The University Heritage Committee is hosting events for Asian Pacific Heritage Month through May 4, with a virtual display that ends May 31.
The Asian Pacific American Heritage sub-committee’s role is to identify activities and events that students, faculty and staff can participate in, challenging them to rethink certain stereotypes and increase their understanding and awareness.
“The whole goal is to recognize all the contributions Asian Pacific American people have brought to the United States,” said Dr. Hsiao-Ping Wu, associate professor of bilingual/ESL education.
People of Asian Pacific American heritage hail from or trace their ancestry to all of the Asian continent, the Pacific islands of Melanesia, Micronesia, American Samoa, etc.
The University Library will host a physical and virtual book display exhibiting resources relevant to the Asian Pacific American Heritage Month throughout May.
The resources to be displayed are links to books, articles, Asian American studies and research guides.
A typical heritage month runs throughout the whole month, but the committee doesn’t see it as a limited time frame to host events. Instead, they take it as an opportunity to create awareness while also giving an authentic lived experience to the community.
“We want to sustain and support that this isn’t just in one month,” said Dr. Esther Garza, president’s faculty fellow for diversity, equity, & inclusion. “But that this is ways that we connect throughout the entire year.”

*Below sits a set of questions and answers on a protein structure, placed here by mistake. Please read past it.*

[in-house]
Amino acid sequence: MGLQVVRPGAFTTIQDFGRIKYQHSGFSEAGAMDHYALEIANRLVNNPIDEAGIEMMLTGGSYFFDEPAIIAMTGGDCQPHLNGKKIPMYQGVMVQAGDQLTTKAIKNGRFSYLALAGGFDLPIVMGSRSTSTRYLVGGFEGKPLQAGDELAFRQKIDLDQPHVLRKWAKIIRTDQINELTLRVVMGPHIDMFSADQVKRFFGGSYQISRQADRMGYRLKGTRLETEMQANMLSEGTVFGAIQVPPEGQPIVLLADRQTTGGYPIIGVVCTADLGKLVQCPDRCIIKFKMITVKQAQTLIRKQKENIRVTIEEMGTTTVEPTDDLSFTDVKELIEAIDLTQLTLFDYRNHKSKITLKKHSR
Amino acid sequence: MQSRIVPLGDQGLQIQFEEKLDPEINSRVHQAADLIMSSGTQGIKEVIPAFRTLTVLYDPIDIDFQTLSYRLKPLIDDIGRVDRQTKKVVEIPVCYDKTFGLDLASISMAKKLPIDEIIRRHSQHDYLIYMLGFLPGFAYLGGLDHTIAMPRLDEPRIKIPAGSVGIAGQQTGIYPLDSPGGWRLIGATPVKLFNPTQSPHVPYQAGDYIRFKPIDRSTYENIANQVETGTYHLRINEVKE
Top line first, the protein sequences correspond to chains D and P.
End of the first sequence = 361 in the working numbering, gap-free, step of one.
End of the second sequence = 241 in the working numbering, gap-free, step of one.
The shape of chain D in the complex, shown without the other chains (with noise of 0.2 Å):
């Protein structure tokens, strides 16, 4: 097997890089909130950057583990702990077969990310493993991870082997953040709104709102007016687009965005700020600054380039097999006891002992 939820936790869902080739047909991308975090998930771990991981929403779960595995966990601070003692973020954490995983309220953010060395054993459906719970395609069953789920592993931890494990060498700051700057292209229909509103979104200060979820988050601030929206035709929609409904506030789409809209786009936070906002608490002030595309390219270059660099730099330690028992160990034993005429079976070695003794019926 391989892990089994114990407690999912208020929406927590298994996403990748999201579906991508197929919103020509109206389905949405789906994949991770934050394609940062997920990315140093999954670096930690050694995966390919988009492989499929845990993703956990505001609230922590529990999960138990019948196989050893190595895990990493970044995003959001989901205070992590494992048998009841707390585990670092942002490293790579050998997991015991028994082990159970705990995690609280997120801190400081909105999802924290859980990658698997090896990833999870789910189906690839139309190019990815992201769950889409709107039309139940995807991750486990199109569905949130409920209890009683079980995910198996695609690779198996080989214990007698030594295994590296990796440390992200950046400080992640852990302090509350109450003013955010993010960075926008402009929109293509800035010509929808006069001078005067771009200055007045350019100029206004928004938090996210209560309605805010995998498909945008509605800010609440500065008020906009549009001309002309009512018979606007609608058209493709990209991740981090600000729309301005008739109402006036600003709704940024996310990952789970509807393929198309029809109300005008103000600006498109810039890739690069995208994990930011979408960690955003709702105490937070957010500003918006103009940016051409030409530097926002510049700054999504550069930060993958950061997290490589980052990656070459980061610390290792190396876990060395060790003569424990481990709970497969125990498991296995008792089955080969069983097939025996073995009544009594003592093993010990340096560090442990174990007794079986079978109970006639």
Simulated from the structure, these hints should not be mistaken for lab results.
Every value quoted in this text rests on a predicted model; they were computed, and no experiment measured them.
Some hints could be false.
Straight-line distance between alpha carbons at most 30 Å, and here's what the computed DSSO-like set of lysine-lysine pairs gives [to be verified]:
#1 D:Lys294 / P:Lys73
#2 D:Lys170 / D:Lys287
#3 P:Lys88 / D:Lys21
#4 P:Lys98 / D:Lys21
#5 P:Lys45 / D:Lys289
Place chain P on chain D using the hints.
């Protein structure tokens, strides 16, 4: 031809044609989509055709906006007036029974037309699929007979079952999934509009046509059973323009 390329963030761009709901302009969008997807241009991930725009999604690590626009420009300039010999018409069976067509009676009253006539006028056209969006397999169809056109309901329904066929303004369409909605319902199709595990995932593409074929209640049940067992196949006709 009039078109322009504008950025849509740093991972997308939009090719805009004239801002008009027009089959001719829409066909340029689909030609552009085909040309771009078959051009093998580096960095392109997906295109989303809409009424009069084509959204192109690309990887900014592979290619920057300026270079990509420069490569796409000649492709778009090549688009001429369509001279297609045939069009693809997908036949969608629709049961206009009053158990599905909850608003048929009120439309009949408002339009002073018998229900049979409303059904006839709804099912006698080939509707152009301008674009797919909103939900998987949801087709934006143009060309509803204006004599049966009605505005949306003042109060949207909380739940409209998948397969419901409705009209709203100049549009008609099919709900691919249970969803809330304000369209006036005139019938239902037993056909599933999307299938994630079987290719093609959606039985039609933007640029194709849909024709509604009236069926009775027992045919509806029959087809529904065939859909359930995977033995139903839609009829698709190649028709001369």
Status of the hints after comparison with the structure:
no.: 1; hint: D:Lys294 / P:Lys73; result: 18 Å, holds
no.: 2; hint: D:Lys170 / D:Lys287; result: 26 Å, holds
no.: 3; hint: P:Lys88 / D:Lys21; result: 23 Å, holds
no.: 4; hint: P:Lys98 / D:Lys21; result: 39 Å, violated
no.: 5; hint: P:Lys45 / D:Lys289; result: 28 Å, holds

But the committee acknowledges that May is also finals season, the end of the semester and graduation. So the committee works around that by starting earlier, from April 11-May 4 to ensure that students, faculty and staff are included.
The Heritage Committee plans to bring political figures on campus, host an art exhibit, invite an author and academic scholars to talk about their research and their personal experience as Asian Pacific American scholars in the U.S.
Other events that come after graduation will be posted on the Heritage Month’s website and still be promoted, Garza said, who is also an associate professor of bilingual education.
Wu, who also serves in the department of educator and leadership preparation, said that with the committee’s limited time, their goals are to dismantle racism and stop producing the same stereotypes while urging the community to be open-minded and more appreciative of other cultures.
“Culture is multidimensional, multifaceted, dynamic and it’s always changing,” Garza said.